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Navigating the inflationary maze: real estate CEO’s take on the property market


The Agency CEO, Geoff Lucas, has weighed in on the implications of the Reserve Bank of Australia’s (RBA) decision to maintain the cash rate at 4.10 per cent for the second consecutive month. According to Lucas, this decision is a positive sign for the economy, indicating that previous rate increases have started to impact the economy, and the RBA now wishes to assess more data to ensure this impact continues.

However, Lucas also acknowledged a potential downside to the pause in rate increases. “The downside to the pause is that it can cause sentiment to improve which sets off further inflationary drivers,” he said. While he acknowledged the positive movement in the Consumer Price Index (CPI) last week, he cautioned that inflationary pressures remain, and a further increase would assist in keeping inflation in check.

Turning his attention to the property market, Lucas highlighted a significant increase in residential listings across the eastern seaboard. “As a result, the mini boom in prices over the last quarter has begun to taper, with some markets showing signs of stagnation or even decline,” he said. He noted a shift in momentum from a strong seller’s market towards equilibrium, and even signs of a buyer’s market in some cases. He predicted this shift would continue, with further decreases in price growth trending to overall softness later in the year and into the first part of 2024.

In contrast, Lucas described a completely different set of circumstances in Western Australia. “What has been an exceptionally strong market is now showing signs of a slight decrease in listings, similar to what occurred the past year on the eastern seaboard. The reduction in supply, strong economy, high liveability, investor demand and growing migration from the eastern states will all serve to ensure continued price stability during a slowing in volumes,” he explained.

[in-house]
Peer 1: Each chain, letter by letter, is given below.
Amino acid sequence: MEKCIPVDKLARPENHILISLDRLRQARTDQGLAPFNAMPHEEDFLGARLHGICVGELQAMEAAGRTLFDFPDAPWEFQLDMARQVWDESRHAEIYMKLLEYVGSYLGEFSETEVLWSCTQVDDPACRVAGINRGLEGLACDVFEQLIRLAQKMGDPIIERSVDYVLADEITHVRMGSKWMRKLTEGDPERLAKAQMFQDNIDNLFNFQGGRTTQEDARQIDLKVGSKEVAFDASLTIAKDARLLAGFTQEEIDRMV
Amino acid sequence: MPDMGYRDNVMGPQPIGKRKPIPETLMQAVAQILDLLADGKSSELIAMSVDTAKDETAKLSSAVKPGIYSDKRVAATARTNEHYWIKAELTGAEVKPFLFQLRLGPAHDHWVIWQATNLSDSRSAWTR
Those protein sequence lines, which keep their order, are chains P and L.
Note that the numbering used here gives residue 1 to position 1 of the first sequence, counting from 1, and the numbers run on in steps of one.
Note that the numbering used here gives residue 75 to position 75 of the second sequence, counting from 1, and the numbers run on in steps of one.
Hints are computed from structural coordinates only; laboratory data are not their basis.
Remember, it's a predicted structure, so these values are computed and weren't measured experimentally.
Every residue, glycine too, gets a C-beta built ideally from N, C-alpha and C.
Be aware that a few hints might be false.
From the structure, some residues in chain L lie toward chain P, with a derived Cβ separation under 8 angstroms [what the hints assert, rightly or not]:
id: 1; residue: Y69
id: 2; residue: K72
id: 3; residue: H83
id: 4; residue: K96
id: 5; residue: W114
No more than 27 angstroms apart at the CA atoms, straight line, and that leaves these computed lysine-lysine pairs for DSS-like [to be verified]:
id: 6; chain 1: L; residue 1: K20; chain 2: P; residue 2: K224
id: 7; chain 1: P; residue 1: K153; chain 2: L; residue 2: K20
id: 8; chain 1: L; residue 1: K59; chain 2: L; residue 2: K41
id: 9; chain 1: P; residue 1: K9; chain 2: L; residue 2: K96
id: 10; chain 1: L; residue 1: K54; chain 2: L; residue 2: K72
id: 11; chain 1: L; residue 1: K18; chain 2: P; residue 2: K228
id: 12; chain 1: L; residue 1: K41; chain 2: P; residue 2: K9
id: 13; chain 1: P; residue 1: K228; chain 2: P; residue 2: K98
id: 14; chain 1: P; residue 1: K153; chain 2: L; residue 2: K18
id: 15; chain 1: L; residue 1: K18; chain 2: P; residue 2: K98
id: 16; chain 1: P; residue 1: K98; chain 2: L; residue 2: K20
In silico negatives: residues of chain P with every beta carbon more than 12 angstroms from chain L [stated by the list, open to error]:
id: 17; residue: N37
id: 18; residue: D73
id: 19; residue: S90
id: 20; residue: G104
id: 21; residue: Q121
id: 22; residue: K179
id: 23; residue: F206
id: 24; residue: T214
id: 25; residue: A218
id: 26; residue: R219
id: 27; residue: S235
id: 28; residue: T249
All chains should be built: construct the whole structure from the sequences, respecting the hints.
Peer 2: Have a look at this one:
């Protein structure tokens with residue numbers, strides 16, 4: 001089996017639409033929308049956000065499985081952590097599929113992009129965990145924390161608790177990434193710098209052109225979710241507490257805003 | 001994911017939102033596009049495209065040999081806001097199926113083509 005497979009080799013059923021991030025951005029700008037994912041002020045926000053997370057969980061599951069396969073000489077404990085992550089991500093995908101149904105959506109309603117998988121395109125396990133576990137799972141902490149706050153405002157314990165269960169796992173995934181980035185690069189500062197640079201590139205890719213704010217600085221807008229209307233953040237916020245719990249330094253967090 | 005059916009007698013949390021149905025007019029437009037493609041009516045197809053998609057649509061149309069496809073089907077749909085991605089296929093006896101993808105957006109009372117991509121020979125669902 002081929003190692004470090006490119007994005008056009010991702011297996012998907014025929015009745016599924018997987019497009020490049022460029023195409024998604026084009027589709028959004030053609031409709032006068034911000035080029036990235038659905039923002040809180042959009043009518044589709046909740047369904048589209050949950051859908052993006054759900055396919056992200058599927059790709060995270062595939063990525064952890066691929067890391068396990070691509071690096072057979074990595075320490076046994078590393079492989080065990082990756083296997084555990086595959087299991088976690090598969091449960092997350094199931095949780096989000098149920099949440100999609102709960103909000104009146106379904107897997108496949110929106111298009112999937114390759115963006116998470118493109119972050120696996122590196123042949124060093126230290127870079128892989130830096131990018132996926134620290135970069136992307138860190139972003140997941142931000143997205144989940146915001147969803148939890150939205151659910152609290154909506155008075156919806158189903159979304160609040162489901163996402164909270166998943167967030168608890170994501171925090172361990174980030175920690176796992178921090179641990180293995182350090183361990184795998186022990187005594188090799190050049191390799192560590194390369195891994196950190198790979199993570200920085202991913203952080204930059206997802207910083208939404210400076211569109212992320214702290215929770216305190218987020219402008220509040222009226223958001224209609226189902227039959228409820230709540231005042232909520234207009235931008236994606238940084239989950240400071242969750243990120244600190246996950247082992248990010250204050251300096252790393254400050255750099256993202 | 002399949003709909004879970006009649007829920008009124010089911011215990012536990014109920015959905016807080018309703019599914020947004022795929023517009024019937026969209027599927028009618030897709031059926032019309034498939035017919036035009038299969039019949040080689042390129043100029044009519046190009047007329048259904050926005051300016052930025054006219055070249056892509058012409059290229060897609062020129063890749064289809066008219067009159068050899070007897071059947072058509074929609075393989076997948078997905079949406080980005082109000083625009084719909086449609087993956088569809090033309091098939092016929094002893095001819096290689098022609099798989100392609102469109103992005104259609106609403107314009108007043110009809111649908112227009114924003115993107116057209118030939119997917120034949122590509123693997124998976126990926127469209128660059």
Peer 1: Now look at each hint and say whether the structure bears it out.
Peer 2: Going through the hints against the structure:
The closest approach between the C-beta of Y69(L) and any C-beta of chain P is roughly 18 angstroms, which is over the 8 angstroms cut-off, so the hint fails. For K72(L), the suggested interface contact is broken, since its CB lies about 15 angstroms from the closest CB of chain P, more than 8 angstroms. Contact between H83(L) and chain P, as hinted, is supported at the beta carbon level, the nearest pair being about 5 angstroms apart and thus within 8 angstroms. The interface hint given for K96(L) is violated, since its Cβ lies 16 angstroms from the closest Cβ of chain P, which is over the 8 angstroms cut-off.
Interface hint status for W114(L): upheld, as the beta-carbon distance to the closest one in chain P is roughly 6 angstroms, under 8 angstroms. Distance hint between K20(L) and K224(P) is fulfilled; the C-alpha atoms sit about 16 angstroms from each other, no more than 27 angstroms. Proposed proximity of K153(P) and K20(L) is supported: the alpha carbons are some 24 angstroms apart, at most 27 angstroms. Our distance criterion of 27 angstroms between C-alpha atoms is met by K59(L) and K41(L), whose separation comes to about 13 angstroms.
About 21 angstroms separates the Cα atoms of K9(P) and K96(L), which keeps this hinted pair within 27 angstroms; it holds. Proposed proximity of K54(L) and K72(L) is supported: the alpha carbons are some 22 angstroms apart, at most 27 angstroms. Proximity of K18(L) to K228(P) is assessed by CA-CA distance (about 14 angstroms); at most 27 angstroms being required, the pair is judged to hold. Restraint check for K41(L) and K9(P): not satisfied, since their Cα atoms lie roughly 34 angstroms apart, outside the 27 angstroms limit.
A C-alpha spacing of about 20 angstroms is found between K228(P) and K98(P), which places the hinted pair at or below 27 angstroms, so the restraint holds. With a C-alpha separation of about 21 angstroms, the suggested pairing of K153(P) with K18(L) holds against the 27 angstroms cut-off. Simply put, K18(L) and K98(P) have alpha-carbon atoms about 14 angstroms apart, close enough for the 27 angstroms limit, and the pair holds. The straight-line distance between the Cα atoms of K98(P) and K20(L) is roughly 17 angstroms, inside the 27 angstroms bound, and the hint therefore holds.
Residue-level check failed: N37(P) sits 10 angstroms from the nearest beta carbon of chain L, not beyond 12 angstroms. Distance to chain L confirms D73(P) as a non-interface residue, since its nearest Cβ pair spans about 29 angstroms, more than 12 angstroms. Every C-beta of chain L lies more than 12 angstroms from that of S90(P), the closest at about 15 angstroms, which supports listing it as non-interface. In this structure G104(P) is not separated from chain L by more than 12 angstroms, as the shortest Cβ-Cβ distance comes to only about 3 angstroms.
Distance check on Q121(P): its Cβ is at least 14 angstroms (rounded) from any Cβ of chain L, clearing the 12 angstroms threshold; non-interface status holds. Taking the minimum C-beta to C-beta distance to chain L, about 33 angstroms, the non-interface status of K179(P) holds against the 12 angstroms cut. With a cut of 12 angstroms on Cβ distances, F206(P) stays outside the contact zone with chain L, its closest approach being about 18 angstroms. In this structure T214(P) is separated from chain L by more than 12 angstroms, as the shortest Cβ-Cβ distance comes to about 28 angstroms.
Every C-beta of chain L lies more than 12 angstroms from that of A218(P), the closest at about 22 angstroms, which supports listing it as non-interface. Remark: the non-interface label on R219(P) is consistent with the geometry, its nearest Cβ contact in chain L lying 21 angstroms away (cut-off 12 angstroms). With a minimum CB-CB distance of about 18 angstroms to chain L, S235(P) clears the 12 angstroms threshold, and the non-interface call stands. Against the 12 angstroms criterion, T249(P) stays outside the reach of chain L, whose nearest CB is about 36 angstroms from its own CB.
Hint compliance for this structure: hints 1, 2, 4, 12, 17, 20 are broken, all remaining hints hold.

While Lucas reiterated that the holding of rates at 4.10 per cent does offer up good news regarding the RBA’s stance on inflationary pressure, he also warned that concerns remain, highlighting the danger of ‘services inflation’ is still strong. He listed a number of factors suggesting that inflation is not yet under control, including energy prices, wage increases, rent increases, and Australia’s high amount of savings ‘buffer’ from pandemic stimulus.

“It’s this buffer that’s keeping the services component of inflation strong. That buffer isn’t expected to dry up until late in the calendar year, around the same time the full impact of the mortgage cliff is being felt and unemployment begins to rise,” he said. Lucas predicted at least one more rate rise before Christmas, concluding, “The data shows monetary policy is beginning to work – and sometimes when the symptoms of an illness are tapering off, it’s good to keep up the medicine – no matter how it tastes.”

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